At its core, Beach House’s sound hasn’t changed much since the Baltimore dream pop duo released its self-titled debut six years ago. But with each new release, the band has continued to refine its sound and their fourth album, Bloom, is no different. Alex Scally’s droning guitar on album opener “Myth,” immediately harkens back to 2010’s Teen Dream and Victoria Legrand’s vocals are still as airy and beautiful as always. Something about Bloom, though, is decidedly different. For the first time in their career, Beach House sound more like a real band than a duo.
From the more prominent and intricate percussion on tracks like “Wild” to the distorted rock guitar on “The Hours,” the band sounds fuller than ever. Legrand’s voice floats more clearly over the mix than on previous releases, showing off the vocalist’s range and goading listeners to sing along. Scally even finds himself in the forefront occasionally, often contributing solo guitar parts absent of Legrand’s driving melodies.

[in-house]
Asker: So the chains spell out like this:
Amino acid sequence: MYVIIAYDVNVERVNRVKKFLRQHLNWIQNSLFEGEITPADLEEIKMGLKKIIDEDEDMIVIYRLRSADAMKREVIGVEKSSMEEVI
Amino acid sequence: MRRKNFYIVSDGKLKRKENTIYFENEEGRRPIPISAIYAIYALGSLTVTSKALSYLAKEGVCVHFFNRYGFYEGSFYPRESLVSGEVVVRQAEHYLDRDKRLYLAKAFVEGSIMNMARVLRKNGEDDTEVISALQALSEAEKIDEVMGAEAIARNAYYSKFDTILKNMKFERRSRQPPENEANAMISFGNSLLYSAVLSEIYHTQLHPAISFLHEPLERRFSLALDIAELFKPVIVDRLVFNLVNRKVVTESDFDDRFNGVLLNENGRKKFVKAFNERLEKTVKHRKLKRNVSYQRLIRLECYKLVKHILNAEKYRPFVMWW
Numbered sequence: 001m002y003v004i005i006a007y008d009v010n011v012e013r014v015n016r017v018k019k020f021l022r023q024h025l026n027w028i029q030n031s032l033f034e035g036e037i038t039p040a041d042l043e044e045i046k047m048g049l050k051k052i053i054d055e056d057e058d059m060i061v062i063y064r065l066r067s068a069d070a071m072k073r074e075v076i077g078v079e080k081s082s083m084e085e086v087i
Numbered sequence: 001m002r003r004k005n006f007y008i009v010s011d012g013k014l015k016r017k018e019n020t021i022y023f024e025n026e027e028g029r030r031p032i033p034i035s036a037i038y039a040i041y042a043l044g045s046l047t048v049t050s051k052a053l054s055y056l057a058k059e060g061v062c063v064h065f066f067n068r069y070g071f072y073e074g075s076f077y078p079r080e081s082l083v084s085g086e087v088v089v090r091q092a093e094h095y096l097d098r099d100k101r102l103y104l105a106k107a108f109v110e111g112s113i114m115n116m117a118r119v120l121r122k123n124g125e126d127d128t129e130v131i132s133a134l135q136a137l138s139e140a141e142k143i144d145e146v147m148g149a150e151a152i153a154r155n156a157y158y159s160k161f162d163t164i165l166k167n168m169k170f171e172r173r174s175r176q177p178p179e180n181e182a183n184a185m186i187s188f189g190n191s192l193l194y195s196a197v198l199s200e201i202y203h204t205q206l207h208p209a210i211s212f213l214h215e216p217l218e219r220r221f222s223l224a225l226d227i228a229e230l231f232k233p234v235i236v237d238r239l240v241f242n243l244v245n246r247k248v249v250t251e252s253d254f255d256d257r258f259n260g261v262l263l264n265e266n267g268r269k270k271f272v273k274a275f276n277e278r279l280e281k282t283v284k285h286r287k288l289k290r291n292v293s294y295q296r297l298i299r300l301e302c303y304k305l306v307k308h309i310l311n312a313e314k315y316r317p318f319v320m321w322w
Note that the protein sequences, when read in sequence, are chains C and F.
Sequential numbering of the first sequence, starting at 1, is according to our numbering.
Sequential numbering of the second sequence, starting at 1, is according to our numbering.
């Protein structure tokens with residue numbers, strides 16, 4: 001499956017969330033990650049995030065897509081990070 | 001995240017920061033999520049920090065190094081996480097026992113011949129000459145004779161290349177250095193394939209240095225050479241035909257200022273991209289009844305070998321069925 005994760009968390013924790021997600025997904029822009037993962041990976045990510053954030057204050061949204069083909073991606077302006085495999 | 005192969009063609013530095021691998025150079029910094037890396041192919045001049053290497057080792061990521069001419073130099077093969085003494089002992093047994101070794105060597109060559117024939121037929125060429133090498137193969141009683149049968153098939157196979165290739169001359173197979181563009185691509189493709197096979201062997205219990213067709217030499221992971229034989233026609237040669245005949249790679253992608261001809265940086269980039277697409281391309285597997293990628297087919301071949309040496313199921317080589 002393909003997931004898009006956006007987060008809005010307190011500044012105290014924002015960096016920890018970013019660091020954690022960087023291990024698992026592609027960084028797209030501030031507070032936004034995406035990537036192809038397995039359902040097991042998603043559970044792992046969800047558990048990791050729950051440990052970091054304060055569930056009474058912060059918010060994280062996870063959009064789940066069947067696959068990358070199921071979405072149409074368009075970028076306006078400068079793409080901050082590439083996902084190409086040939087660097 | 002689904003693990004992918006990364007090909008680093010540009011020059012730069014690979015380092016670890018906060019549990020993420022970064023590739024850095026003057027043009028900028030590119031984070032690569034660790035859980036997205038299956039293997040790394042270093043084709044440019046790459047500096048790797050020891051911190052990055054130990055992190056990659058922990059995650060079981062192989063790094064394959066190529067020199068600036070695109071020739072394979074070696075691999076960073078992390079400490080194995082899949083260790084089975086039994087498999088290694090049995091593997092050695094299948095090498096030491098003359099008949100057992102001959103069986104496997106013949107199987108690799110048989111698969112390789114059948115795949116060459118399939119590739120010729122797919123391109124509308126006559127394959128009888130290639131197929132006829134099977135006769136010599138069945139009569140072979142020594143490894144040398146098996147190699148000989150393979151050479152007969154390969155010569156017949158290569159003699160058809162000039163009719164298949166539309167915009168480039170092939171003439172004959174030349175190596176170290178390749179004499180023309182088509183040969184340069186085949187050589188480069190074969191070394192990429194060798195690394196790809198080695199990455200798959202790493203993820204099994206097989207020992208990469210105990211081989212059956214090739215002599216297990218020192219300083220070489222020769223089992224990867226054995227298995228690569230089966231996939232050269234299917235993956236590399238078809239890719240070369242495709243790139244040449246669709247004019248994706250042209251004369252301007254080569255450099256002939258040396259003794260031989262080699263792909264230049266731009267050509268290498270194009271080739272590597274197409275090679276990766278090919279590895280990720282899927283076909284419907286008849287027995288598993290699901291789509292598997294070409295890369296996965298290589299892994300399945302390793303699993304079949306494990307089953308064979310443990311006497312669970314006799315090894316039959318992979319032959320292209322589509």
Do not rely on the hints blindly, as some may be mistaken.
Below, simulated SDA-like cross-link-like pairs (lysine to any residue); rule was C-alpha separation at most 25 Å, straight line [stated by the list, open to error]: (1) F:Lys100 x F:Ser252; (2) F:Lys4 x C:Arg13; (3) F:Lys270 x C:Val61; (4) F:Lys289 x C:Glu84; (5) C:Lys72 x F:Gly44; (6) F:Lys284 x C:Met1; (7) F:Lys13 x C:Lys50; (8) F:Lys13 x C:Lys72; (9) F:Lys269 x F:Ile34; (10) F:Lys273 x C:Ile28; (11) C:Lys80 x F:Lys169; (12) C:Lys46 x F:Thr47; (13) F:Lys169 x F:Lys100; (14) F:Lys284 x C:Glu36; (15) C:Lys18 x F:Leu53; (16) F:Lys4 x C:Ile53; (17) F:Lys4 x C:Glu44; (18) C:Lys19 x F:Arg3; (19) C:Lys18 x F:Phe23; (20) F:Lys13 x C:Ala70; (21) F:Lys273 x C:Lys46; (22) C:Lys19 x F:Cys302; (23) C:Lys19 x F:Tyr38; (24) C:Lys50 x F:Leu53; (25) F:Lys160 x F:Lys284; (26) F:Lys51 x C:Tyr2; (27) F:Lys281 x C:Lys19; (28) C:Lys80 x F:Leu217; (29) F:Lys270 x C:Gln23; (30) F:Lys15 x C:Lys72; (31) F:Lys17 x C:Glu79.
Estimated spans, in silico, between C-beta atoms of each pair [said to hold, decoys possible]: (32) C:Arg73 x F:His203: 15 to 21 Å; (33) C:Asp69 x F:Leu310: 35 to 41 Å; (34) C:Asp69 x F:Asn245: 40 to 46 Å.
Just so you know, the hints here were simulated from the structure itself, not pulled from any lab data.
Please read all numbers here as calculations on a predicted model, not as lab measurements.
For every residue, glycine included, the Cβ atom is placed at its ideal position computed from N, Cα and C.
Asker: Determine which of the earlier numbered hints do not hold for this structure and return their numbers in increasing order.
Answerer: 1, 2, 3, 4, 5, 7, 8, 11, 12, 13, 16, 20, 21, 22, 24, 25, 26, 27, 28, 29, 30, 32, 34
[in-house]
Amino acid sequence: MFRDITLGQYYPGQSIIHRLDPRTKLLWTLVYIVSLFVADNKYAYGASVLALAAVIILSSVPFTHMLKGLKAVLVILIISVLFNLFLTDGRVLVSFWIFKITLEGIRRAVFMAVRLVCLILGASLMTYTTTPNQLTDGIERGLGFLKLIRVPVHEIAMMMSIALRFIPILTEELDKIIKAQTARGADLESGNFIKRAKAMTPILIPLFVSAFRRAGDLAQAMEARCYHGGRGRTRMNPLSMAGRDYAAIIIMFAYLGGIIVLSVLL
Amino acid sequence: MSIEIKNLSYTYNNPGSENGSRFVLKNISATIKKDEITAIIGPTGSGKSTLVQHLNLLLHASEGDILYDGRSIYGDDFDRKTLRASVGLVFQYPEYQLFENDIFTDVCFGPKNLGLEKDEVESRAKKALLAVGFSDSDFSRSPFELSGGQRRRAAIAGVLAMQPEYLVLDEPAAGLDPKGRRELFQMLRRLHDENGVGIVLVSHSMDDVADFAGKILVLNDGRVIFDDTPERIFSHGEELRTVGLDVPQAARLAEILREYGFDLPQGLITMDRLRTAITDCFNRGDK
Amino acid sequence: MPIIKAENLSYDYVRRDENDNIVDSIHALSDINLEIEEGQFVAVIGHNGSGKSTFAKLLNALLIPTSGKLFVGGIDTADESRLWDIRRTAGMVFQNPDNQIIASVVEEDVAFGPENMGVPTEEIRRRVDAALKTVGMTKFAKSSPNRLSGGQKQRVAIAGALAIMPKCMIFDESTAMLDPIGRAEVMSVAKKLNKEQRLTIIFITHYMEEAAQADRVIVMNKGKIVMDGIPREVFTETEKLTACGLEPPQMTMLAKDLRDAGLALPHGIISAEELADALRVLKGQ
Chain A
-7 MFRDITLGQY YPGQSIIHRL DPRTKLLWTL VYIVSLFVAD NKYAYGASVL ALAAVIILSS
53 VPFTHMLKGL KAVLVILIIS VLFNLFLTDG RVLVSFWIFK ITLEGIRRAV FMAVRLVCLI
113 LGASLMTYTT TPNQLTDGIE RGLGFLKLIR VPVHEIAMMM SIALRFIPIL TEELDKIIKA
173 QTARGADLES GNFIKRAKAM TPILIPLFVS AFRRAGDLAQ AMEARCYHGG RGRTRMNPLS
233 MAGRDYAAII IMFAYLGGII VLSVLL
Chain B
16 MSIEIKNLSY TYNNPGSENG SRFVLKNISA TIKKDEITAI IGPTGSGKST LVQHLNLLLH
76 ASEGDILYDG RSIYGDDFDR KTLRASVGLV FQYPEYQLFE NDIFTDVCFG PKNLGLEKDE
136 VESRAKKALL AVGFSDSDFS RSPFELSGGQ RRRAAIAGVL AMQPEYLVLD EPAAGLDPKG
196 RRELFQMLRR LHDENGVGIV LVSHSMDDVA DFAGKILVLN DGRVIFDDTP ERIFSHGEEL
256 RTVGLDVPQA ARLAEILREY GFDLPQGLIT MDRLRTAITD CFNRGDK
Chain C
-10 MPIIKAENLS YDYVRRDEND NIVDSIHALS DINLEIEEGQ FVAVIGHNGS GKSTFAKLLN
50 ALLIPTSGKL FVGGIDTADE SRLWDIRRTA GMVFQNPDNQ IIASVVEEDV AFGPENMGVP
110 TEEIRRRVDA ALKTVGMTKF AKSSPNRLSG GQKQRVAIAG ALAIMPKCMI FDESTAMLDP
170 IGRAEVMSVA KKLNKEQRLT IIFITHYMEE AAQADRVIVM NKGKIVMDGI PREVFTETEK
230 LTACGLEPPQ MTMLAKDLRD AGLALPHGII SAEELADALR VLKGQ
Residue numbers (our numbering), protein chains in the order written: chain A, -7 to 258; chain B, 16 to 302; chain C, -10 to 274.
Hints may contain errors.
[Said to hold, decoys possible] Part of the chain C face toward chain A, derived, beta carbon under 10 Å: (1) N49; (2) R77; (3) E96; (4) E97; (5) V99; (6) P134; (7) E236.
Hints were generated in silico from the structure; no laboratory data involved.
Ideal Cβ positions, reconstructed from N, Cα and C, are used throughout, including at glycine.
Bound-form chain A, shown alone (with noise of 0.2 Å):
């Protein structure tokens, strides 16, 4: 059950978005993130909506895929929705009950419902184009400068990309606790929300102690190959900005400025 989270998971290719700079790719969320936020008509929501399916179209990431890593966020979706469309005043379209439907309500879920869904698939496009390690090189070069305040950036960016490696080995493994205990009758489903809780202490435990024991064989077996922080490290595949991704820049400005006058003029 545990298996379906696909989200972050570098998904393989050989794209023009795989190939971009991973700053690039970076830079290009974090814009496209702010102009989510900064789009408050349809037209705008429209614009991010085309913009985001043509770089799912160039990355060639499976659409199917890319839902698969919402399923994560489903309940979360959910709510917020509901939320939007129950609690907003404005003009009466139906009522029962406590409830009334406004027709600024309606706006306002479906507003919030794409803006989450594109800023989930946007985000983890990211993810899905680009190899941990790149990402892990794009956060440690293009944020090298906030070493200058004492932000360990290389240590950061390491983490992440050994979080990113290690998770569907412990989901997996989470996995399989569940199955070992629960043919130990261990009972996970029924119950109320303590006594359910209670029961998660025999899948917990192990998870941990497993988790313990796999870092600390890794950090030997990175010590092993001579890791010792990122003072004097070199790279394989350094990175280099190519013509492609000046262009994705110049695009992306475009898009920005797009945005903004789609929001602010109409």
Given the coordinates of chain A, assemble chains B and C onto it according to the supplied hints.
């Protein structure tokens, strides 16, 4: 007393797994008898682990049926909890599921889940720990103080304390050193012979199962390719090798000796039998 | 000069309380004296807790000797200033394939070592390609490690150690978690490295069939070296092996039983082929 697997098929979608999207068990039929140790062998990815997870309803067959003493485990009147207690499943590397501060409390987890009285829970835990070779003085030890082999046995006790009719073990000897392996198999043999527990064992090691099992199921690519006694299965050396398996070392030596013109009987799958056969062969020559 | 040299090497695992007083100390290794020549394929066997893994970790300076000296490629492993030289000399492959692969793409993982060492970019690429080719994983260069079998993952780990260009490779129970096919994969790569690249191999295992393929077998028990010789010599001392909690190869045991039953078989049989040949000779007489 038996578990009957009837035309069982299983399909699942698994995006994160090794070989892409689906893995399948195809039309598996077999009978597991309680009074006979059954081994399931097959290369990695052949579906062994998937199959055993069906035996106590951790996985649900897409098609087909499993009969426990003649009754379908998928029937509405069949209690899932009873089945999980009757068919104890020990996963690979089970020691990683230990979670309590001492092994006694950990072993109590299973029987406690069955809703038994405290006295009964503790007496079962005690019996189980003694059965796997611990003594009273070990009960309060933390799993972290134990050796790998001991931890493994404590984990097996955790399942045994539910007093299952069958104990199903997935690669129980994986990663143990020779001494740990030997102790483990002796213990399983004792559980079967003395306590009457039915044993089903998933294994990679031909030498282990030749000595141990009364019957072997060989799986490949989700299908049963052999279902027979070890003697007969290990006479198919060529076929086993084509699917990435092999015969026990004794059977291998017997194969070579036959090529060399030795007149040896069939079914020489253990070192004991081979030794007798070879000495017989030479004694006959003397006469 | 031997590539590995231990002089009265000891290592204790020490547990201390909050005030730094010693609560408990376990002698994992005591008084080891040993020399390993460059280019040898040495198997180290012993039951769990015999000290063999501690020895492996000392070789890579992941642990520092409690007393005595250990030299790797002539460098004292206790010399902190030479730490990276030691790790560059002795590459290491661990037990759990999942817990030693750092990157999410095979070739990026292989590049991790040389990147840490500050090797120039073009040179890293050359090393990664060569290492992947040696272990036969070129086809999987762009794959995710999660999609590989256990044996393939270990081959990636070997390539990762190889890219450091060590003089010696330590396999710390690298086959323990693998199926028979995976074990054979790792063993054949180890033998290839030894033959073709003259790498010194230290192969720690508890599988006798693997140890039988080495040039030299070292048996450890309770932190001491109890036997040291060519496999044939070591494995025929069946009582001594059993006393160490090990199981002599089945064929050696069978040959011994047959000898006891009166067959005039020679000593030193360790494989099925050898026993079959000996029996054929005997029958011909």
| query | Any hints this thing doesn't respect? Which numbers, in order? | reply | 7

More than anything, though, Bloom is incredibly catchy. Though a couple of the songs near the middle of album (“Troublemaker,” “New Year”) perhaps fall a little flat, tracks like “Other People” — which the band has been testing with audiences on their last tour — are addictively good. The band is still able to evoke the same longing emotions they were able to achieve on Beach House and Devotion, but it is the band’s newfound energy coupled with such touching melodies that ultimately make Bloom difficult to stop listening to.
Though most of the songs on Bloom maintain the same verse-chorus-coda structure as the songs on Teen Dream, it sounds as if Beach House have finally pinned down the sound they have always strived to achieve. Simply put, Bloom is Beach House at its best and with the band seemingly churning out new releases every two years, the next two will undoubtedly be a painful wait.
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